Complying with ESG reporting and due diligence requirements in Switzerland
Annette Weber of Advestra explains the measures Swiss enterprises will need to take to comply with the new ESG reporting and due diligence obligations
Although Switzerland does not have a leading role in ESG legislation like the EU, it nevertheless recently enacted several new provisions aiming to catch up with EU legislation in different areas of ESG.
Some of the new reporting and due diligence obligations that Swiss enterprises face or will face will be discussed in this article, including:
Non-financial reporting obligations for certain larger Swiss listed enterprises and prudentially supervised large financial enterprises;
Due diligence obligations regarding child labour and conflict minerals; and
Transparency obligations for commodity enterprises.
The summaries below present the duties on a high level and do not purport to be complete.
Non-financial reporting obligations
The Swiss non-financial reporting obligations are originally part of an indirect counterproposal to a Swiss popular initiative, the so-called ‘Responsible Business Initiative’.
This initiative would have introduced not only new reporting and due diligence obligations but would have introduced new liability for subject enterprises. Specifically, the subject enterprises would have been held liable for damages occurred outside Switzerland caused by its controlled enterprises in violation of internationally recognised human rights or international environmental standards, unless the subject enterprise could have proven that it took all due care to avoid the loss or damage, or that the damage would have occurred even if all due care had been taken.
With the Responsible Business Initiative rejected, the indirect counterproposal moved forward and became law on January 1 2022 by an amendment of the Swiss Code of Obligations. Subject enterprises must produce a report on non-financial matters for the first time in 2024 regarding the financial year beginning in 2023.
The new non-financial reporting obligations target larger companies. Prudentially supervised large financial institutions as well as larger listed enterprises domiciled in Switzerland are the subjects of this new legislation. Only larger Swiss listed companies with at least 500 full-time employees (FTE) per year in two consecutive years and with a balance sheet total of at least CHF20 million or a turnover of at least CHF40 million (in each case calculated on a consolidated basis) must produce a report on non-financial matters.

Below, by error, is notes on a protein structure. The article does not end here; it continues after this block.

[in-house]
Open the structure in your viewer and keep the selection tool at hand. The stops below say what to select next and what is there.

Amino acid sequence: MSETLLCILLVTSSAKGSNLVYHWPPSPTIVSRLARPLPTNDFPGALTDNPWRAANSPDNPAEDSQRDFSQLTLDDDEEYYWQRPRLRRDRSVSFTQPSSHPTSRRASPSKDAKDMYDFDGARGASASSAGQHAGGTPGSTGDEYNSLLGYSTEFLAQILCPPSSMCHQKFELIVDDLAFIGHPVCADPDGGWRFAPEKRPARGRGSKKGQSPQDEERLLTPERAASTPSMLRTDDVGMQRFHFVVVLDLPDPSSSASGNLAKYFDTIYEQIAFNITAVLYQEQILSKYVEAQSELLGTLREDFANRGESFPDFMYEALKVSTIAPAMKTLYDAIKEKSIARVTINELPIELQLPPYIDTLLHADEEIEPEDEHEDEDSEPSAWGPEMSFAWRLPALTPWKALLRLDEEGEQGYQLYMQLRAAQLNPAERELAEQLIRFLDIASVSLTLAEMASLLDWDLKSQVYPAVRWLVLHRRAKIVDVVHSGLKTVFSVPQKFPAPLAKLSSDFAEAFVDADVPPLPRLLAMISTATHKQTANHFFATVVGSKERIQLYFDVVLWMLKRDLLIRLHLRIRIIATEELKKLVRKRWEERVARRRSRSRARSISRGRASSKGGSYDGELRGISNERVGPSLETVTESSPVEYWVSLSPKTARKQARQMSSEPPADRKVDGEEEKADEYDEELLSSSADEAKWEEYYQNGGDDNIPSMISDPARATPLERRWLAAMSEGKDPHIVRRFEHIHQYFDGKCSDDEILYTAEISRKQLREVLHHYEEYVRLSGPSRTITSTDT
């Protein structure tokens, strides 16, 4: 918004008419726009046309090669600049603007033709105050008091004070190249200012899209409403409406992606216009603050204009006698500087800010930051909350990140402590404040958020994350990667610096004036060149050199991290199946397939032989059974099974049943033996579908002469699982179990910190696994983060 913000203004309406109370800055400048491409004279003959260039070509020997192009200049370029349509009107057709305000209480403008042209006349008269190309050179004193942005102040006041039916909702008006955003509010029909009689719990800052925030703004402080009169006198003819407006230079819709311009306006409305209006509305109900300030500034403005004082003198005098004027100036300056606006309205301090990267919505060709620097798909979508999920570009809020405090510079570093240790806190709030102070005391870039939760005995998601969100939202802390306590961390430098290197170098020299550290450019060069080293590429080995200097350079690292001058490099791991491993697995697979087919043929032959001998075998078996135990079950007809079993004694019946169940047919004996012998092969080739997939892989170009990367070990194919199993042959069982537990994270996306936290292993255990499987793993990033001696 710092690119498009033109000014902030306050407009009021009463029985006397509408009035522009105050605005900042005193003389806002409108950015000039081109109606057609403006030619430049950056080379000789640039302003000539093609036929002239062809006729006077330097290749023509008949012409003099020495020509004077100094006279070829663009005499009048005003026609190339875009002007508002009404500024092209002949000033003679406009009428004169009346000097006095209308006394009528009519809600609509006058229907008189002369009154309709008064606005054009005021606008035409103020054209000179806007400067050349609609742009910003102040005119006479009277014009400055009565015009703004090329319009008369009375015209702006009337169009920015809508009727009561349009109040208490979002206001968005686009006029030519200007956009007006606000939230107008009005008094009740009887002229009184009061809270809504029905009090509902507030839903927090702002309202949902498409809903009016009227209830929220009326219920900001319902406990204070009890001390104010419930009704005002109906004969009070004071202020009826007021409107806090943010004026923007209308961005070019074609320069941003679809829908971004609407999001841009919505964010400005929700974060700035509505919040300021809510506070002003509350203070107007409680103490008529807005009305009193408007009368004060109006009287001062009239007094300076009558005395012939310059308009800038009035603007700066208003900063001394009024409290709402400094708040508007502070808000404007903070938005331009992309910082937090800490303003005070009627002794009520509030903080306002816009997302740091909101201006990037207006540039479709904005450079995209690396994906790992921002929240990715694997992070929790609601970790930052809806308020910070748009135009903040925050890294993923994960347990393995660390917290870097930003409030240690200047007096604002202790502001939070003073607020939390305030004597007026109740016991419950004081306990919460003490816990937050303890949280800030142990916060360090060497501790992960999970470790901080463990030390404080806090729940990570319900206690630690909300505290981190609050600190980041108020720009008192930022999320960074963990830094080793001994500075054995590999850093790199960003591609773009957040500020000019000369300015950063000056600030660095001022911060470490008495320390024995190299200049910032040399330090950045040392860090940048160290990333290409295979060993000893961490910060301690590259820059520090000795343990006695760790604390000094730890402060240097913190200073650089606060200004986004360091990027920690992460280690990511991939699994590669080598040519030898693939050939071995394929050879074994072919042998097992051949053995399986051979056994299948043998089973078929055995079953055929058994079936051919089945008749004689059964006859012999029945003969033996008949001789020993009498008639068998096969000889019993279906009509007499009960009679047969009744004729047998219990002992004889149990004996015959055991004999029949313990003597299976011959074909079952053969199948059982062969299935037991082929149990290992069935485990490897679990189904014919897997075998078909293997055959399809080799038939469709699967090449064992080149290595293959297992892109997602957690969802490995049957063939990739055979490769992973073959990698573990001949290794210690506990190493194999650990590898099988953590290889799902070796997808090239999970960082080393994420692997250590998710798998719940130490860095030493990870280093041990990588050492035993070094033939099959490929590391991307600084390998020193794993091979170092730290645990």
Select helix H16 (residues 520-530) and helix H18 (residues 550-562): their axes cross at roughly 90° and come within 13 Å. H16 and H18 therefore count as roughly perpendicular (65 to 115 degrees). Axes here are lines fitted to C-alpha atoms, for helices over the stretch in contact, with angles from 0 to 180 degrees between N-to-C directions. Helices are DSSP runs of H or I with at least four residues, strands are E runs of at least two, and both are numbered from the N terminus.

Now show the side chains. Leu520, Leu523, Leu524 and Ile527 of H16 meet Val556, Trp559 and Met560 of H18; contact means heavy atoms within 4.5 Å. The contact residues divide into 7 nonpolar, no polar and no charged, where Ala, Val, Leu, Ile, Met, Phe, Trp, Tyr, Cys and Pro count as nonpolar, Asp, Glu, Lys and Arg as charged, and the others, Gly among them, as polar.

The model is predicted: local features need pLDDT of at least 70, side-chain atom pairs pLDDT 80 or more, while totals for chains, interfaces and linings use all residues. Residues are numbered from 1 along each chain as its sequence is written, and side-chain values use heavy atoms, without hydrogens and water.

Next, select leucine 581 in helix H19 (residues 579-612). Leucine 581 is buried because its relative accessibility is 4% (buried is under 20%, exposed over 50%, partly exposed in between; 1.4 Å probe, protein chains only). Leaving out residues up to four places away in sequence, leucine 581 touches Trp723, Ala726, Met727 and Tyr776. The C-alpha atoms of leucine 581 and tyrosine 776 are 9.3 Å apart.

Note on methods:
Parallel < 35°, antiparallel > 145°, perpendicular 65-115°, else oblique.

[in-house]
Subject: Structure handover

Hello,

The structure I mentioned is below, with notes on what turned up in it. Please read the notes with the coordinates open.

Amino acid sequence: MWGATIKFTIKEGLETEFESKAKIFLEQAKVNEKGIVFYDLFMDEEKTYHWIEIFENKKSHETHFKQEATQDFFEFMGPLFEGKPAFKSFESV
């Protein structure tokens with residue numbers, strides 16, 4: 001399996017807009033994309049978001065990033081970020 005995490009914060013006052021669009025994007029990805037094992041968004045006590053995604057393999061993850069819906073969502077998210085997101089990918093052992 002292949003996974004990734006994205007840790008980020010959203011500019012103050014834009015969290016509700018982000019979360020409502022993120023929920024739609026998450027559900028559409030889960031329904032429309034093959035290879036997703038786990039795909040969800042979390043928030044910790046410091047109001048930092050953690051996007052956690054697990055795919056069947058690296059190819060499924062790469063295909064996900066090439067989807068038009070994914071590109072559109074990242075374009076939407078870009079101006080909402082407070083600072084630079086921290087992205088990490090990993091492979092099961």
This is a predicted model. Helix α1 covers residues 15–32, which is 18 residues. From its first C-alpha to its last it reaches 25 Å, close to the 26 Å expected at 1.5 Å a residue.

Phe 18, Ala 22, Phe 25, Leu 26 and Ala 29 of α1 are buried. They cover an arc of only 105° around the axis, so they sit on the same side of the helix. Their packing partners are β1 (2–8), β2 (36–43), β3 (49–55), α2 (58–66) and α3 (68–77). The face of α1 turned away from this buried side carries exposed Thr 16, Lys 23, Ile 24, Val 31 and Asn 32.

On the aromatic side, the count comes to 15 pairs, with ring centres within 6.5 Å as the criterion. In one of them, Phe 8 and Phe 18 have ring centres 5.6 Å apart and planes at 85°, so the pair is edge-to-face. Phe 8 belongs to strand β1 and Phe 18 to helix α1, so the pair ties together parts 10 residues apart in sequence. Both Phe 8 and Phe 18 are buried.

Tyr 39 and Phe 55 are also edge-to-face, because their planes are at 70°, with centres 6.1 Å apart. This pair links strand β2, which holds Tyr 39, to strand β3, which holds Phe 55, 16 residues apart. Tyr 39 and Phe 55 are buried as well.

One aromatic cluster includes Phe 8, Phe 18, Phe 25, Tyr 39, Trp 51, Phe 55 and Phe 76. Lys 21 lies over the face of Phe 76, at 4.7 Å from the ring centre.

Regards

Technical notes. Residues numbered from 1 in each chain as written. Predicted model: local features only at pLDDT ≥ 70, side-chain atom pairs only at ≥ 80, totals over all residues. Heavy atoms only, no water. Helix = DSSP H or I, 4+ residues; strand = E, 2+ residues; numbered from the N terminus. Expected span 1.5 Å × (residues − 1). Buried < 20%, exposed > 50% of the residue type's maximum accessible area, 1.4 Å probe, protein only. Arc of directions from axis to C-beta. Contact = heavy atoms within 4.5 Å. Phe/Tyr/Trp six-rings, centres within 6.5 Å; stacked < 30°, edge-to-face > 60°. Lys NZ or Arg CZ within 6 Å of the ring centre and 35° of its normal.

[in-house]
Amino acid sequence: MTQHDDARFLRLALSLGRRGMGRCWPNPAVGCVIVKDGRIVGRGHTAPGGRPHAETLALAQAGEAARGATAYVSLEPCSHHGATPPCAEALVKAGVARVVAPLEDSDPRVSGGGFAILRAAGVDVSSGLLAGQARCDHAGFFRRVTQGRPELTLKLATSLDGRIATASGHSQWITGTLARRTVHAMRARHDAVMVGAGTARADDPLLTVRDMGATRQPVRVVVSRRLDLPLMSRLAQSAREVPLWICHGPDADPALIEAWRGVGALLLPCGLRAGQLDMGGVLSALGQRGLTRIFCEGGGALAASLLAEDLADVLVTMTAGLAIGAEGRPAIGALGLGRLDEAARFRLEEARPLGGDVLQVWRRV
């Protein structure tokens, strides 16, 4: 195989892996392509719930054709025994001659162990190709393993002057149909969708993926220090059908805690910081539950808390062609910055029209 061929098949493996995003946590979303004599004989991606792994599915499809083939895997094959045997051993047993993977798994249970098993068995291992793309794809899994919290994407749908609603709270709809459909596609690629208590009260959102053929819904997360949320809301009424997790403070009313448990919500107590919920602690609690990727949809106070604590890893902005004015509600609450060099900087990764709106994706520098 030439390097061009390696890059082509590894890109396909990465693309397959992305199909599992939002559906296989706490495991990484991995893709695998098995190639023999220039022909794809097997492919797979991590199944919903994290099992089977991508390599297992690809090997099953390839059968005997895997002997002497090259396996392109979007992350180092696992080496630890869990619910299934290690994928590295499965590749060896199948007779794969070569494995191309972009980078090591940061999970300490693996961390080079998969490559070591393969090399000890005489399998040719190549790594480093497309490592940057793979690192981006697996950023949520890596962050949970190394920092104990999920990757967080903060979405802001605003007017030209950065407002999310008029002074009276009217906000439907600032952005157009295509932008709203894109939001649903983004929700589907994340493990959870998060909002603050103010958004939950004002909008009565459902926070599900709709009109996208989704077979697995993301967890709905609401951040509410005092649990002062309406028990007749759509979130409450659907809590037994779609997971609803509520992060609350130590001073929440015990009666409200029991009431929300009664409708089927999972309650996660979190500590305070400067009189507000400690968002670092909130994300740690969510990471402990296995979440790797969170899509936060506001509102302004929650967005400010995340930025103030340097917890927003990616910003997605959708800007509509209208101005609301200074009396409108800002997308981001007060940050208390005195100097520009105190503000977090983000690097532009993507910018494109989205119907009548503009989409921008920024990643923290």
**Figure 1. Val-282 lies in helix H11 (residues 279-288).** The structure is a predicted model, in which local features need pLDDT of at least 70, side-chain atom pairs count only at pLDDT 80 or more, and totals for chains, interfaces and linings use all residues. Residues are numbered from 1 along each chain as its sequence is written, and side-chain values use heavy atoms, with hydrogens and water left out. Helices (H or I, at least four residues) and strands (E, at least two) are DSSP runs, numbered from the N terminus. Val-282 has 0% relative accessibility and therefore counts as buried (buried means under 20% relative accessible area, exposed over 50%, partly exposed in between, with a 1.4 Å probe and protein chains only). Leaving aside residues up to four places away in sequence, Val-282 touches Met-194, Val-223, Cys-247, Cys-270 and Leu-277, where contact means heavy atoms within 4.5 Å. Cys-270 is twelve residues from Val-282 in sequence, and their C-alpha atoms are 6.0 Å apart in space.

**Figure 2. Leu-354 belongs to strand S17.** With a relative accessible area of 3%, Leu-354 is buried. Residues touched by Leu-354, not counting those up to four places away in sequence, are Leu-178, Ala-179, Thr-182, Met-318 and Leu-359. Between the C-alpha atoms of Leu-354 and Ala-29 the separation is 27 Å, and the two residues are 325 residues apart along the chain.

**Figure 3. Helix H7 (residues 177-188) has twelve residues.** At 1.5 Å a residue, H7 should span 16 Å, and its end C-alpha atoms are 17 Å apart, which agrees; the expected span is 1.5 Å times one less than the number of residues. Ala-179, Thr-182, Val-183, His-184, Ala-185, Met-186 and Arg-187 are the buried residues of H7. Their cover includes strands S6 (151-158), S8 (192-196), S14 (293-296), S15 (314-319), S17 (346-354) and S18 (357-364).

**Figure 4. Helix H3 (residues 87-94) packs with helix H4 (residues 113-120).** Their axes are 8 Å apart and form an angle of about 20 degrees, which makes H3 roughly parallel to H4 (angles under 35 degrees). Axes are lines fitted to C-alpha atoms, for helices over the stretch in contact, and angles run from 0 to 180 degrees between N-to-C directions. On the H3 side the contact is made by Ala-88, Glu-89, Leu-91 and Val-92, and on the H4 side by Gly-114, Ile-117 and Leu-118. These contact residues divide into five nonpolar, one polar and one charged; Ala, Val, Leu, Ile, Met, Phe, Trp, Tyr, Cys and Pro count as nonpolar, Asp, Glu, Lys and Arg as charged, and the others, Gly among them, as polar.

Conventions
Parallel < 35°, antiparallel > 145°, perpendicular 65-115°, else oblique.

Hence, smaller companies, even if they are listed, do not face this burden, although in practice, quite a number of companies already produce similar reports on a voluntary basis as this is perceived as good corporate governance by some investors. Exempted from this obligation are enterprises, which are controlled by another company, which is itself a subject enterprise or which is required to produce a similar report under foreign law. The latter tries to eliminate any duplications which would be without added value.
The report on non-financial matters must comprise information about environmental matters, in particular about CO2 targets, social and employment matters, respect of human rights and combat against corruption. The report must outline those details, which are required for the understanding of the business performance and result as well as the situation of the enterprise and the impact of its actions on these matters.
The Swiss Code of Obligations provides a non-exhaustive list of matters, which are to be covered by the report. Among others, it requires a description of the business model, a description of the concepts pursued in respect of the above-mentioned matters, the measures taken and their effectiveness. Further, subject enterprises must describe the main risks in connection with its business and, to the extent, relevant and proportionate, the risks in its supply chain as well as performance indicators in respect of the above-mentioned matters.
Subject enterprises may follow international recognised reporting standards, such as the guidelines of the OECD provided that they indicate the applied reporting standards and supplement the report if the report does not cover all line items required by Swiss law.
The board of directors has to approve and sign the report and get the approval by the general meeting of shareholders. It must further ensure that the report will be published electronically after its approval and remain accessible for a period of 10 years.
Persons, who fail to produce a report, intentionally disclose incorrect information or do not comply with the documentary obligations, face a fine of up to CHF100,000. The maximum amount of the possible fine is reduced to CHF50,000 if the person acts unintentionally.
Due diligence obligations regarding child labour and conflict minerals
As the non-financial obligations, the due diligence obligations regarding child labour and conflict minerals originate from the indirect counterproposal discussed above and came into force at the beginning of 2022 with a transition period of one year.